3.6.1 Basic principle of PL spectroscopy

PL spectroscopy is a non-contact, non-destructive method of probing the electronic structure of materials. PL is the spontaneous photon emission from a material under optical excitation. Typical luminescences process in semiconductor can be simplified as shown in

figure 3.15. When photons with energy higher than the bandgap of the material, Eg are

incident on the sample, the sample is excited from the ground state. This creates electron- hole pairs due to the transfer of electrons from the valence band into the conduction band. The non-equilibrium electron and hole distribution relaxes via interband relaxation back to

3. Experimental techniques

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Figure 3.15: Schematic of the basic processes involved in a typical luminescence experiment in optically excited semiconductors representing the process of a) excitation, b) interband relaxation and c) recombination.

With different variants of PL spectroscopy techniques such as temperature- dependent PL and excitation power dependent PL, one can determine the bandgap of the material, the crystal quality, detect impurity level and defects and study the recombination mechanisms [8]. The bandgap of a semiconductor material depends on temperature due to the expansion of the crystal lattice. Temperature dependence of the bandgap can be fitted using the empirical Varshni equation given by the following:

𝐸! 𝑇 = 𝐸! 0 −!!

!

!!! ,

where Eg (0) is the bandgap value at 0 K, α and β are constants corresponding to different

materials.

Other than the shift of bandgap due to lattice expansion, an increase in temperature can also cause a change of carrier population of the conduction and valence bands. Free carriers at higher temperature perturb the band-edge and induce a tail of band states into the energy gap. At low temperature when the thermal energy is lower than the exciton binding energy, exciton related emission could be observed [8]. Hence the transition or the changes observed with temperature-dependence PL can help determine the bandgap, recombination mechanisms, elemental composition, and whether there are defects related states.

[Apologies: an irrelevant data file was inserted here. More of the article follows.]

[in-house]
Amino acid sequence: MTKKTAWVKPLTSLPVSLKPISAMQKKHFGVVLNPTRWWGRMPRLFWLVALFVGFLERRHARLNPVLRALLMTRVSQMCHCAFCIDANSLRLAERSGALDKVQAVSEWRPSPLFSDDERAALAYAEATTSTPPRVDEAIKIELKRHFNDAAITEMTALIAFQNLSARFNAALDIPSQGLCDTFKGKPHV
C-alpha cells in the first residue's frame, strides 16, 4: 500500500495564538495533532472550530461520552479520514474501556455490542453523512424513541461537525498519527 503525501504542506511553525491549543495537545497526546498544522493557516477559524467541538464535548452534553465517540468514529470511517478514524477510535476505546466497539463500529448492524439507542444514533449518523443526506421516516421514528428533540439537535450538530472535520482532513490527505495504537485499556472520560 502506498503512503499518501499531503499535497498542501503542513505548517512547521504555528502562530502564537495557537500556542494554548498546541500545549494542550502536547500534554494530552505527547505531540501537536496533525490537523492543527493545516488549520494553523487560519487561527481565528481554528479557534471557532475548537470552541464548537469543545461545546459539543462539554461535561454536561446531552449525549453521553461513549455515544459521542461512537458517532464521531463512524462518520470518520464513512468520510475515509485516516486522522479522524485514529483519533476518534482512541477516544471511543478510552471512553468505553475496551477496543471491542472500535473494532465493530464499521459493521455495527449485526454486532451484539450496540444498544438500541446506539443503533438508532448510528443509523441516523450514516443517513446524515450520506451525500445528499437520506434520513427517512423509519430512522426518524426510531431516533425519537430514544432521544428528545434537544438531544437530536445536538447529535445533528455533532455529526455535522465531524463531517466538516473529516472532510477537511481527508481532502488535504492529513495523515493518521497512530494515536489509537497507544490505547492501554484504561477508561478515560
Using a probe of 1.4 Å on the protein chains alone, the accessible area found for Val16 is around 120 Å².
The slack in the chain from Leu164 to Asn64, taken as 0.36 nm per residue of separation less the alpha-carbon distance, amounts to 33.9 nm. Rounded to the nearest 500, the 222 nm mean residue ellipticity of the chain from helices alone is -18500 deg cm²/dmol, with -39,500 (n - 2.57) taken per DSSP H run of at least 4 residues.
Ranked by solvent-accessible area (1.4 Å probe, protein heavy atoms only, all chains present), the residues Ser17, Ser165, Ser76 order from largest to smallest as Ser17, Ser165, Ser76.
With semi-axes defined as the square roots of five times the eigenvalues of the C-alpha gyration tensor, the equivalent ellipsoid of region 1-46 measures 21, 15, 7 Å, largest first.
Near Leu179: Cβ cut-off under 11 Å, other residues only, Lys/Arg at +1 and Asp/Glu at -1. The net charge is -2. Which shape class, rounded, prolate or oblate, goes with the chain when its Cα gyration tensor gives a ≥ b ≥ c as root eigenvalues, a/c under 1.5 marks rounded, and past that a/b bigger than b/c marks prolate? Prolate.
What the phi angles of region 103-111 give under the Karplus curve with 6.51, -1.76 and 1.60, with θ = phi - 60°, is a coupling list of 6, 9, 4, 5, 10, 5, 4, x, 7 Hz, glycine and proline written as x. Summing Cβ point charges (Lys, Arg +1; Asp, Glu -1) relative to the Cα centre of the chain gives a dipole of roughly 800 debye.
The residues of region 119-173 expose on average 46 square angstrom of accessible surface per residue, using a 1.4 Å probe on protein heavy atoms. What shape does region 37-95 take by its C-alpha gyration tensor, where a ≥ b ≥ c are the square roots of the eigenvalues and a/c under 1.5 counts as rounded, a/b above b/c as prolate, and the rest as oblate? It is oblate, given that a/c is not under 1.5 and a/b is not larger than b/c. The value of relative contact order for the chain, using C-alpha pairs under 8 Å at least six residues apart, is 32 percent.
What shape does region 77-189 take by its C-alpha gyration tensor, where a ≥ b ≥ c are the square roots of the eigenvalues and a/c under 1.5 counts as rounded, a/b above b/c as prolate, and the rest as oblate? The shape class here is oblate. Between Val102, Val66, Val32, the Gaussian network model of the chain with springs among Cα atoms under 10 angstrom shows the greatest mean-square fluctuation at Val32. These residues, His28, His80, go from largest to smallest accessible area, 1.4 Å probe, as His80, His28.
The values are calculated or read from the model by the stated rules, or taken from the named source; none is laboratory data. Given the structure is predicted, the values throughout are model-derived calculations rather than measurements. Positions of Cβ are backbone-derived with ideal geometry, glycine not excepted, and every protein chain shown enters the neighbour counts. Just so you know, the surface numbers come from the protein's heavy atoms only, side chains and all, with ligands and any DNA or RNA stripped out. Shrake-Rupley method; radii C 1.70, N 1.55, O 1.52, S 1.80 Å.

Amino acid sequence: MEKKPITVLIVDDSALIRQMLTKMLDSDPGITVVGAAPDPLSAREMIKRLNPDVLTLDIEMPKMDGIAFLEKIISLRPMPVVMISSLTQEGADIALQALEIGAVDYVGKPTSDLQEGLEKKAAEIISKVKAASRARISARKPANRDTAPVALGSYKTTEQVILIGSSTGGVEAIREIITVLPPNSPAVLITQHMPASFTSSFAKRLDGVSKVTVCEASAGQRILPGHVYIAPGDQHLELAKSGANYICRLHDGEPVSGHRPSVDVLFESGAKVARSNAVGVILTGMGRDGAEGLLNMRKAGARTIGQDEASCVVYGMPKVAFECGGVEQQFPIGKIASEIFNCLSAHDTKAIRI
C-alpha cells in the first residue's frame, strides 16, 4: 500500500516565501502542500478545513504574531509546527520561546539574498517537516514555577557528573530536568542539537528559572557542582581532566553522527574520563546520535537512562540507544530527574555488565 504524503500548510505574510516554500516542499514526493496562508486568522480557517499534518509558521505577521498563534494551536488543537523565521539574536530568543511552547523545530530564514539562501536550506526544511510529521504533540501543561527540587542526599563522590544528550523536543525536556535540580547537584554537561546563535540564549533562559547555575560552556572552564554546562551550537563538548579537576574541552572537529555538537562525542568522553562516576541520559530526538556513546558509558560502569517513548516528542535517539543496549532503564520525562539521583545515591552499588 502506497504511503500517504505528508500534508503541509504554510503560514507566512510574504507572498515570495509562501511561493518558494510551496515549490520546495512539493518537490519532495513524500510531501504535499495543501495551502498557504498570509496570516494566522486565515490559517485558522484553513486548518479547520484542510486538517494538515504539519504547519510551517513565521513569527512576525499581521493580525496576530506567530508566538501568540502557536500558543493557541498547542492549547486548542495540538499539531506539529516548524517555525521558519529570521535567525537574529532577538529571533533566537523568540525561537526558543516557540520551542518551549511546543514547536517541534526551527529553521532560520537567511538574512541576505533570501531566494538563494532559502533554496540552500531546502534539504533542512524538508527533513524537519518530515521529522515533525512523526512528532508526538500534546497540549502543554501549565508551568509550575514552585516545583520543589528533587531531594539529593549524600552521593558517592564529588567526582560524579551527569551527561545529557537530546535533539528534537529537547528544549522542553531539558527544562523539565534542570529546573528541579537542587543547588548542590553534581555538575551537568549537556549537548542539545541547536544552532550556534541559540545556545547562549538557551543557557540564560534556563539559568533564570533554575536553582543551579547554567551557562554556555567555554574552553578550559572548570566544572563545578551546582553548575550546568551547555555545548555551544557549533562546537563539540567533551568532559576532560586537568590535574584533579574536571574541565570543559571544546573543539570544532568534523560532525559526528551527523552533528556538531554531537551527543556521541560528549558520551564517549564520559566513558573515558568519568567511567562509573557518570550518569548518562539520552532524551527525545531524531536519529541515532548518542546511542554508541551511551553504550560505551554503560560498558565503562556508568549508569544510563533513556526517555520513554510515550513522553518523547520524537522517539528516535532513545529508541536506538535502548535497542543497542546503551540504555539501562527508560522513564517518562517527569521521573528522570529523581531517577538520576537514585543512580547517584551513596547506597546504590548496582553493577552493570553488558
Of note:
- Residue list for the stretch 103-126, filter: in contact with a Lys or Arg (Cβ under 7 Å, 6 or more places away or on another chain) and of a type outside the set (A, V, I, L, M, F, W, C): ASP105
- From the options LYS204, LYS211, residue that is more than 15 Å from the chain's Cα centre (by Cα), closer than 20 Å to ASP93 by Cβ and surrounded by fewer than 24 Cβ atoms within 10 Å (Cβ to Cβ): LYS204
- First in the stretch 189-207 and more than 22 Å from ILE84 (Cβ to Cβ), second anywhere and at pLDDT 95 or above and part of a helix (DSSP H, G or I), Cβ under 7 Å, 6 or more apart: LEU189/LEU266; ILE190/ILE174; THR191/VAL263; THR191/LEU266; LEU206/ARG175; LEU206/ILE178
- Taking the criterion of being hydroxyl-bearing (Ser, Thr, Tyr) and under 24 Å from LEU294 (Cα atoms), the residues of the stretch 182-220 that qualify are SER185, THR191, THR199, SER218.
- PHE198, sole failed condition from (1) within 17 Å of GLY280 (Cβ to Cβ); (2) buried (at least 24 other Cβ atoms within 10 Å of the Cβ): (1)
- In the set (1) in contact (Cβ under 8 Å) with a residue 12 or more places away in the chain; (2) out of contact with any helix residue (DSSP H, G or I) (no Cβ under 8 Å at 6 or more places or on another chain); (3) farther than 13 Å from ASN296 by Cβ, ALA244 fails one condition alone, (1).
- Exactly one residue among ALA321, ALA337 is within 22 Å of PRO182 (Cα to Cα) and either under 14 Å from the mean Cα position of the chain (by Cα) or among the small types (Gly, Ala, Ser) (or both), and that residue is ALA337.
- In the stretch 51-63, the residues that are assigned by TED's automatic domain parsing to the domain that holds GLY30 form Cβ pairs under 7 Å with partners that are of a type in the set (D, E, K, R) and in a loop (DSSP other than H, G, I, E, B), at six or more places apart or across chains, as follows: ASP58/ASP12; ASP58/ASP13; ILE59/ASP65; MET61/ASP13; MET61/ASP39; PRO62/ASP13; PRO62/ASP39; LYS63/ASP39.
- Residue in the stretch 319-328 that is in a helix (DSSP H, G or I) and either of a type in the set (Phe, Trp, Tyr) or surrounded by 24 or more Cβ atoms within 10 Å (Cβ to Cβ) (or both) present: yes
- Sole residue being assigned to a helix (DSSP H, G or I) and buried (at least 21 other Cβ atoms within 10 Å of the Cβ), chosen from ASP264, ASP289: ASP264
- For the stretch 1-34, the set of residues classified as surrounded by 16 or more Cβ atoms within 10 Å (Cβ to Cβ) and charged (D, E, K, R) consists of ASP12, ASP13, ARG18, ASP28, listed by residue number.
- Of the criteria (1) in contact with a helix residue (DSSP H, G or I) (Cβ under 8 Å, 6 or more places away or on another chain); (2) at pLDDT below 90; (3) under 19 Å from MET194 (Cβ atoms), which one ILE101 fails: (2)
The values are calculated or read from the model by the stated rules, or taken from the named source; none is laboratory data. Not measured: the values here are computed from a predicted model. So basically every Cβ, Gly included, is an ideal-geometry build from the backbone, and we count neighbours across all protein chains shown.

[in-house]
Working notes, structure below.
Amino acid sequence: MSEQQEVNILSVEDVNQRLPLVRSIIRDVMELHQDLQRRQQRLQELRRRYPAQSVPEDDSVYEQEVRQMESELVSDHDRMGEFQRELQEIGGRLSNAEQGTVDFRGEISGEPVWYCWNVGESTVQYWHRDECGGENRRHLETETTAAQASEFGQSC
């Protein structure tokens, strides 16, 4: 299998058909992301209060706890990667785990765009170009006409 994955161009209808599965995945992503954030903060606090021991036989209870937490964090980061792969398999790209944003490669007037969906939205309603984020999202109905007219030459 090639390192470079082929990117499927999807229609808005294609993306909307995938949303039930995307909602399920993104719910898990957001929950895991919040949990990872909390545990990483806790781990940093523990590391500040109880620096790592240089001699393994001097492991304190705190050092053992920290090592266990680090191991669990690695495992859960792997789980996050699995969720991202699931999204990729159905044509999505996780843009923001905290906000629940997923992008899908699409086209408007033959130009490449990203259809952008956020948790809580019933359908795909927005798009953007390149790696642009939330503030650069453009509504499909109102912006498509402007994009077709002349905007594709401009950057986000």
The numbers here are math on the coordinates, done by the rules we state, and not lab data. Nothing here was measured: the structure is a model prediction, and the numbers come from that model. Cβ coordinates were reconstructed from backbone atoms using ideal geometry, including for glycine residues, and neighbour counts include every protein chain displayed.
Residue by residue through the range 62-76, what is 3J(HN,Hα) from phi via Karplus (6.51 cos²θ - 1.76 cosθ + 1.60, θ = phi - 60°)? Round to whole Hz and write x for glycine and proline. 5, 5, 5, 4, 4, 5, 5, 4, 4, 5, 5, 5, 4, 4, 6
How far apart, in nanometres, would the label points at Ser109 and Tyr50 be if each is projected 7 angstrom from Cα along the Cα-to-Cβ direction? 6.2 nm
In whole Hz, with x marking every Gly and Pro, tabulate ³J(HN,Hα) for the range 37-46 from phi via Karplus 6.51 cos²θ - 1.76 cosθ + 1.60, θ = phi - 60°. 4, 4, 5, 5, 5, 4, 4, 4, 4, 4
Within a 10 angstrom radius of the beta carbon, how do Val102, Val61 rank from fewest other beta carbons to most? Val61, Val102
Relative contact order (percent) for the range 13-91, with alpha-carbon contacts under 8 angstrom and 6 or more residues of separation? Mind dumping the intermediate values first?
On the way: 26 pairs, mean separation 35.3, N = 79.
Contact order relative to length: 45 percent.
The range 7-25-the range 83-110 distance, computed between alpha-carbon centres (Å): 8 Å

Excitation power dependent PL can identify some underlying recombination

mechanisms. The intensity of the excitation light can control the density of photoexcited electrons and holes. Low carrier density means that the measurement is dominated by

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defects and impurities at the interfaces. The increase in intensity with the excitation power should provide information whether this is the case. The rate of recombination at these sites

is proportional to the dominant carrier density, n. Discrete states can be filled as the

excitation power increases and bulk radiative recombination plays a greater role. The

radiative rate is proportional to n2 with the intensity.

3.6.2 Components of PL setup

The main components of a typical PL system consist of a laser, lenses to align the laser beam, detectors and spectrometer. Additional components include a microscope with magnification lenses for micro-PL and cryostat for temperature-dependent measurements. Figure 3.16 shows the typical setup for photoluminescence spectroscopy.